Actress Virginia McKenna on Born Free, life in Coldharbour and her memoir, The Life in My Years
With the wildlife charity Born Free celebrating its 25th anniversary, MATTHEW WILLIAMS meets founder Virginia McKenna to talk living with lions, life at home in Coldharbour and the Surrey puma, among other things
Originally published in Surrey Life magazine April 2009
There's been a shadow lurking around Surrey for some time now. An ominous four-legged fiend that leaves villagers quaking as they put their favourite bunny, or hen, to bed. But could the source of this story follow a trail all the way back to a Coldharbour garden in the Seventies?
"Well, Christian wasn't walking up and down the road, so I don't think so," says the actress and wildlife campaigner Virginia McKenna, when I ask her about the lion she kept for four months in the Surrey Hills and whether it might have anything to do with the Surrey puma 'myth'. "Not a lot of people knew about him to be honest, although I think the butcher was quite surprised when we started asking for all these bones and such.
"Actually, we used to have a gardener who came in one day and said he'd seen it. He was absolutely insistent. Well, he couldn't have made it up, could he? And what about all the other sightings? It could be there - there are tons of rabbits to eat after all and deer and pheasants and goodness knows what."
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I'm meeting the 77-year-old star of Born Free film fame as she celebrates the 25th anniversary of the charity she set up in 1984 with her late husband and kindred spirit Bill Travers.
Since it began, after the premature death at London Zoo of Pole Pole - an elephant the pair had come to know during the filming of An Elephant Called Slowly - Born Free has surpassed even her expectations.
From humble beginnings, the charity originally known as Zoo Check has grown into a global force for wildlife, and these days their son, Will, is chief executive in what continues to be a family affair.
"If it hadn't been for Will, I'm not sure that it would have reached 25 years," says Virginia. "We were very focused on the captivity issue, as that's where we started, but he's broadened it out and brought in conservation, anti-poaching, hunting - I mean, everything really to do with the protection of the animal in its environment. I'm still involved day to day, to some extent, and I've got my own office in the garden. Apart from my family, Born Free is everything, really.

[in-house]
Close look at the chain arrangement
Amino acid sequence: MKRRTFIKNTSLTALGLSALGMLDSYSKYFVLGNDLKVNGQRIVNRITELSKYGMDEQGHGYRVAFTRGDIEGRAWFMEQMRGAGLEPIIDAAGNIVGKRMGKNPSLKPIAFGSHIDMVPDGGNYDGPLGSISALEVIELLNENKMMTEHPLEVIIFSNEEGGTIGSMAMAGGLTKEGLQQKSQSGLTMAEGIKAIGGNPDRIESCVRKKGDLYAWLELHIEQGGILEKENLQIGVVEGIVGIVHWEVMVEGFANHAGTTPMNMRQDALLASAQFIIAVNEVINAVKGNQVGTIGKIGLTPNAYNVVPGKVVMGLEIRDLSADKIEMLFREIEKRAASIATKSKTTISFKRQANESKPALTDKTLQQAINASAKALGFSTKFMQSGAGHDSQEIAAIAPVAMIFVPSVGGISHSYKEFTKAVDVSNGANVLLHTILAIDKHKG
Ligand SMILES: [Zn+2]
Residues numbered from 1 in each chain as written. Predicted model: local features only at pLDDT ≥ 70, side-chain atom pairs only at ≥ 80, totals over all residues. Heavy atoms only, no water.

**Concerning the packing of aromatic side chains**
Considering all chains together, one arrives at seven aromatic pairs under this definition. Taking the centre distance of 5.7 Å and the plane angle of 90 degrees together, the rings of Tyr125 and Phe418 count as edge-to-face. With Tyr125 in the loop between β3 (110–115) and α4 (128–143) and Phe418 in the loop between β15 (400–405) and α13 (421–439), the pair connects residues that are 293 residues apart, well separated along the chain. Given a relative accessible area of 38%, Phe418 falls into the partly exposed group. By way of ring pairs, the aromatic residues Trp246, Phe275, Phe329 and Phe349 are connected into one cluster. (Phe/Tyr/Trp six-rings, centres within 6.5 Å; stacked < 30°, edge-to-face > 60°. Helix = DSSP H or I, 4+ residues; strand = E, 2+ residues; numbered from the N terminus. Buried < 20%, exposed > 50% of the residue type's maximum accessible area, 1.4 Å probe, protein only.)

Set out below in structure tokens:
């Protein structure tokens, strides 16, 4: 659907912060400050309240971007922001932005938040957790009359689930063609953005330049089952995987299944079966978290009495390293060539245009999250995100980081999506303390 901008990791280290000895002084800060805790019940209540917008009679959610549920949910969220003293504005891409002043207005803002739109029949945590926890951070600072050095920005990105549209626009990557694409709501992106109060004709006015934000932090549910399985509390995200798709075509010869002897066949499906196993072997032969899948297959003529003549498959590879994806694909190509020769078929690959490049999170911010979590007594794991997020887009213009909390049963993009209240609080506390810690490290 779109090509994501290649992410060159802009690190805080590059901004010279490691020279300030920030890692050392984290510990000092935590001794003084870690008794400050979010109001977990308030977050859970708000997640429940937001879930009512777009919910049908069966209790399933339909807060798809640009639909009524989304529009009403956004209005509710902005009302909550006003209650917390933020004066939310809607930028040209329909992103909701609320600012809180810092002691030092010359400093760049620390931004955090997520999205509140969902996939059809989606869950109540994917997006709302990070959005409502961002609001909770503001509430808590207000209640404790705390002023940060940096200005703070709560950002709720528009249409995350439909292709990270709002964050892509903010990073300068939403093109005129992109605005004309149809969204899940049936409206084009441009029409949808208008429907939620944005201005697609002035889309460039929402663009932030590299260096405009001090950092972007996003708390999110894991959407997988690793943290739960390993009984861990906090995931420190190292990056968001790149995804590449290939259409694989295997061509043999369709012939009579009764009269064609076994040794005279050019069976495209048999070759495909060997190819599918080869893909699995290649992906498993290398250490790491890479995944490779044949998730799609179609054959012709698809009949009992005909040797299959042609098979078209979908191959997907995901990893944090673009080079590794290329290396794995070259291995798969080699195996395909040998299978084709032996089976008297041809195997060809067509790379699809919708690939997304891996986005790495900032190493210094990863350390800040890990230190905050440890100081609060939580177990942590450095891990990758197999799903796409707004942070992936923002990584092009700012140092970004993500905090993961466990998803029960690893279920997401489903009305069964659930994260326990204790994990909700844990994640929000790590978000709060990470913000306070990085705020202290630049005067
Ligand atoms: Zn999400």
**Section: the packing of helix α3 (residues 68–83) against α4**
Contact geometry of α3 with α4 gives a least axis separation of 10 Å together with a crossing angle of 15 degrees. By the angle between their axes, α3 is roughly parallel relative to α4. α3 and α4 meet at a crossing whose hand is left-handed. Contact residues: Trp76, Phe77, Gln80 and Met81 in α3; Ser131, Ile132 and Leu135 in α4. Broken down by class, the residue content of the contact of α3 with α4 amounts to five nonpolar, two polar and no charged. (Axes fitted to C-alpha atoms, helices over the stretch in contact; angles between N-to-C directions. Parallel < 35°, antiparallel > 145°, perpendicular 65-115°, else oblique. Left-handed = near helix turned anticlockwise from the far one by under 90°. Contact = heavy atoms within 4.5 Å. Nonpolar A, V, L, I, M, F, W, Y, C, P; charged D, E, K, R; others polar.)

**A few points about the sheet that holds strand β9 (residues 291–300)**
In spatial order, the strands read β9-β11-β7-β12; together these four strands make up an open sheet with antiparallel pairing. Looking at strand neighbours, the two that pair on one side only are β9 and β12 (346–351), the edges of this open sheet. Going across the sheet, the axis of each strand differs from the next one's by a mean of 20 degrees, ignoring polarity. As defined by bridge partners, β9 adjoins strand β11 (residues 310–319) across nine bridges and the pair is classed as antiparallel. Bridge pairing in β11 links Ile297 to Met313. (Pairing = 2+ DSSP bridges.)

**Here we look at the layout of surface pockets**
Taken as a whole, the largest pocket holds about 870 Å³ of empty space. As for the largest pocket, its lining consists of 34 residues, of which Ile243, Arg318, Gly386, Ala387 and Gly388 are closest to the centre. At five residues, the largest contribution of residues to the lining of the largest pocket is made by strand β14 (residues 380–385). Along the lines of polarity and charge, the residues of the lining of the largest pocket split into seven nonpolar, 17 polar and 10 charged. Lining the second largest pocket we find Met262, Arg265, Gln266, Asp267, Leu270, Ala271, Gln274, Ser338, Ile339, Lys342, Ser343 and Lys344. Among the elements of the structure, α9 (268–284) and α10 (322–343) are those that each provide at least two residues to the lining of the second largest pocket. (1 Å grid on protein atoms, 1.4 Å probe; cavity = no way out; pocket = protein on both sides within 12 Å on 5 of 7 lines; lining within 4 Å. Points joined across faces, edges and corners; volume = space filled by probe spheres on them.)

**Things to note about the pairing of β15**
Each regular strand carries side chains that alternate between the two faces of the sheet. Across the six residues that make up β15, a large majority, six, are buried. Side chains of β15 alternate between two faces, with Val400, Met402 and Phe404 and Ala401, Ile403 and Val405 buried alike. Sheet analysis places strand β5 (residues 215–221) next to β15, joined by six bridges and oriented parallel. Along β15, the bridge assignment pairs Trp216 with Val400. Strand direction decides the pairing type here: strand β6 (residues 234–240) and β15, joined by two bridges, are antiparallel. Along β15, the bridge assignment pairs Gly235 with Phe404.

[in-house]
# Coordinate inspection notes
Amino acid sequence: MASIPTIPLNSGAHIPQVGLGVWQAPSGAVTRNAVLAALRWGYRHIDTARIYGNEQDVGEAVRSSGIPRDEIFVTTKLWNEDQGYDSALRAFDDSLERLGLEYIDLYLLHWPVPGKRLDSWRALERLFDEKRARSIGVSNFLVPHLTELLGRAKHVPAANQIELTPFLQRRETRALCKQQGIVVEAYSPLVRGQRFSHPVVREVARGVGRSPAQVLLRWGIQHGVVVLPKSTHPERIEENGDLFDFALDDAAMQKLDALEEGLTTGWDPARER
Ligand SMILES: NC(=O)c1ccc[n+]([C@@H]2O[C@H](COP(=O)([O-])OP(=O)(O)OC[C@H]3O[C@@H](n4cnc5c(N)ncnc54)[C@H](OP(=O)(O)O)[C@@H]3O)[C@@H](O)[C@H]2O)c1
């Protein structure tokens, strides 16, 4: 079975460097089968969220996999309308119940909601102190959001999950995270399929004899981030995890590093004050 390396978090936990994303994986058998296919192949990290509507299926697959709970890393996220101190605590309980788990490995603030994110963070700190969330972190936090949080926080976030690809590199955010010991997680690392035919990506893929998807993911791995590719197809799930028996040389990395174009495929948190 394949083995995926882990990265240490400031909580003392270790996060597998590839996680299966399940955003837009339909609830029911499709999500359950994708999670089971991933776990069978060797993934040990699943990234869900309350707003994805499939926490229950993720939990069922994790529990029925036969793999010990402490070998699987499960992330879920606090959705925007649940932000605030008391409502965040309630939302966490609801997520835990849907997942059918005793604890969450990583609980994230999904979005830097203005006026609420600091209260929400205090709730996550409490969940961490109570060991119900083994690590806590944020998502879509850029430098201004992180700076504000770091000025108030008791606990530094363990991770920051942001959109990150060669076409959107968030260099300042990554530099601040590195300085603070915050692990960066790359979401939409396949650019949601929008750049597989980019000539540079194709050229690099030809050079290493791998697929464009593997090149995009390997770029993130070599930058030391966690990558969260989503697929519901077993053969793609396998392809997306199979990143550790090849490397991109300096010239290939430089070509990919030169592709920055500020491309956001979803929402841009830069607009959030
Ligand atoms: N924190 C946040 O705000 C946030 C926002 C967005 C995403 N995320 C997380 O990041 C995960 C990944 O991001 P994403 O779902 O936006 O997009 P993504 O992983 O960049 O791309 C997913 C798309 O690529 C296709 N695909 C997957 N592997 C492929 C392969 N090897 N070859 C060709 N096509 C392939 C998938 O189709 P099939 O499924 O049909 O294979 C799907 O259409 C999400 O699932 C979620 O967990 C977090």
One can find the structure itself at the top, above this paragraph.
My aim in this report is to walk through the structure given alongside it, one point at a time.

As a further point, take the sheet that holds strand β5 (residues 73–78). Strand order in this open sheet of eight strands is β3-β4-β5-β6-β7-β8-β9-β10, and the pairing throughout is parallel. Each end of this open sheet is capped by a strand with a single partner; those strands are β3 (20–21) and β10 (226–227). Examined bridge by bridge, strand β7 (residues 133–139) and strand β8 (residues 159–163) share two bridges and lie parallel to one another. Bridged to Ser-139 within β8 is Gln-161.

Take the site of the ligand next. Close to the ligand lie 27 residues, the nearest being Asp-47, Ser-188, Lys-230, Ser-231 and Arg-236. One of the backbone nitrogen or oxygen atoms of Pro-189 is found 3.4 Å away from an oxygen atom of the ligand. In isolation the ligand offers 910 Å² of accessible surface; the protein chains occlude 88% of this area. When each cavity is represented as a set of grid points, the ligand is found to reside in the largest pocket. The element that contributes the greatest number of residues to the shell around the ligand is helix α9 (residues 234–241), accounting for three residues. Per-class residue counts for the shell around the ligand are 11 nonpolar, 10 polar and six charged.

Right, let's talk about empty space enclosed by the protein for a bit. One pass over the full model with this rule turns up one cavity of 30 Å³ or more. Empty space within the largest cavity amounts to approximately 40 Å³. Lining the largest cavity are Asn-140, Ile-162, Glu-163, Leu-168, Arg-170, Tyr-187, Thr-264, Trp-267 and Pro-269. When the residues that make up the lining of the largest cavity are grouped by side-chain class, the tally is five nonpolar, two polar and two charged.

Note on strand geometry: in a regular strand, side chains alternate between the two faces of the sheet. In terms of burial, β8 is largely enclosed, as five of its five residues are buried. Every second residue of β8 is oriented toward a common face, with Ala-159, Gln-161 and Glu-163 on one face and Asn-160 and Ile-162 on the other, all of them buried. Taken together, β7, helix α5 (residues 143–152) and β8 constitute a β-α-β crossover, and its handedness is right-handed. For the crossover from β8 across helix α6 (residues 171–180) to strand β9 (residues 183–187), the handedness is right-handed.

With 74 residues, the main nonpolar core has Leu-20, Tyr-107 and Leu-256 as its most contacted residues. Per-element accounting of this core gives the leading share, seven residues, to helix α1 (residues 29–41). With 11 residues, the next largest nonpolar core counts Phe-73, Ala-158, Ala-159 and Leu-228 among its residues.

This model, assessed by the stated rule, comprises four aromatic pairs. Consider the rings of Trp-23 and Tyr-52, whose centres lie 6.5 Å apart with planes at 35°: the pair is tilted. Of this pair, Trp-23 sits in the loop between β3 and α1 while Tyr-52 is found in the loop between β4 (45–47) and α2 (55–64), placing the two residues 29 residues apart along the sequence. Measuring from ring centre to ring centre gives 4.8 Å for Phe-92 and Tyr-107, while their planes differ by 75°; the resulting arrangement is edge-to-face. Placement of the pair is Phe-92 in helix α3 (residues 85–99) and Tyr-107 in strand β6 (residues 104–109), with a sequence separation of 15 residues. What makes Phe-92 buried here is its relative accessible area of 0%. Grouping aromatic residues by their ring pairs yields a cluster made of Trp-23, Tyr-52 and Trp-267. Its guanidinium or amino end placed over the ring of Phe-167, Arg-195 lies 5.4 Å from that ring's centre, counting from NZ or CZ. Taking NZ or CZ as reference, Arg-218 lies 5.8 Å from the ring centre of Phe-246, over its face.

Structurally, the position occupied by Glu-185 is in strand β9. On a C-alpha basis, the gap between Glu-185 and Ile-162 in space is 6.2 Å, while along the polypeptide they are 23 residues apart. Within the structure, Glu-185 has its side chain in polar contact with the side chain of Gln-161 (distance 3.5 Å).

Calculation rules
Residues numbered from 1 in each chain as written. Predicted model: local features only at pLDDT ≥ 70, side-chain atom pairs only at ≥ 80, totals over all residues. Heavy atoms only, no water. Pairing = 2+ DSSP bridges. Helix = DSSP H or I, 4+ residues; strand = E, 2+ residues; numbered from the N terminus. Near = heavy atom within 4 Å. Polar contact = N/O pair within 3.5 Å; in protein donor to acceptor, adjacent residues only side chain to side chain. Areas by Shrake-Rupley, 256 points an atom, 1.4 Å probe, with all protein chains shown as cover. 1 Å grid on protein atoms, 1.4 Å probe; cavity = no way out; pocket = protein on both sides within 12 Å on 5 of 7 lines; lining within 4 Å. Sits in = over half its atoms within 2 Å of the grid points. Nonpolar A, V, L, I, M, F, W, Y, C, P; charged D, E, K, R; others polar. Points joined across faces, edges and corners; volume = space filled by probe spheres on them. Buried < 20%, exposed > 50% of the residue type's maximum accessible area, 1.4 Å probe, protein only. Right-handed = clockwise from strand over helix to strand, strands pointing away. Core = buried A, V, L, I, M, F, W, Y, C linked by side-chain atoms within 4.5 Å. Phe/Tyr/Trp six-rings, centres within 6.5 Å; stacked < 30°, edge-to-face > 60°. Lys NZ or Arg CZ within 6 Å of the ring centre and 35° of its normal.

So many memories
To coincide with this major anniversary, Virginia has also published her memoirs, The Life in My Years. The book proves to be a thoroughly moving tribute to a life well-travelled, the family, friends and animals that make up her world, and, of course, Bill - who died ten years after the charity was founded.
"It lasted a good while and there are many good memories attached to our time together," she says. "Everyone goes through ups and downs but that is just life. The parts you remember are the important ones and for me they are all the positive things.
"He's probably having a good laugh at all this: 'Oh God, you haven't written all of that!' he's probably saying. He would be very proud of Will and what we've achieved. Bill used to sometimes play Devil's advocate with him because he wanted Will to be able to come back if someone challenged him."
As a child, Virginia's family moved from England to South Africa and back again, and her film and charity work have taken her around the world. Yet, for 51 years, she has lived in a cottage in Coldharbour and despite all the many wonders she has seen elsewhere, home is most definitely where the heart is.
"We knew we wanted to live in the country as we weren't really town people and so spent a long time looking," she explains. "One day, we came across this funny little cottage - it wasn't particularly attractive but the setting was mind-bogglingly beautiful. We just knew that it was the place, even though it didn't have a bathroom or anything. We bought it and never even thought about leaving it.
"I feel very much part of the community. We're just slightly out of the village, which I quite like as it means I can pop in and out. I have very good friends there and luckily my three sons all live near me, while my daughter lives in Australia, which can be a bit more difficult."
As well as keeping her family close, she doesn't live too far away from a certain Brian Blessed either, who has played a massive part in the Born Free story with plenty of fund-raising along the way.
"Brian has been brilliant to us," says Virginia. "He and I worked together, in 1984, in Stratford. We played the king and queen in Hamlet. He's a lovely man - and now he wants to go into space as well!"
He also has something of a menagerie of his own at home - so do they ever get competitive?
"Well, I don't want to go into space - I haven't finished looking around the Earth yet - but he does have a lot of animals; certainly more than I have to look after," she says. "I have nothing in the house but I have a wonderful cock pheasant, with a harem of females, who comes for breakfast every morning and occasionally tea. He waits for me at the door and has encouraged his females to come, too.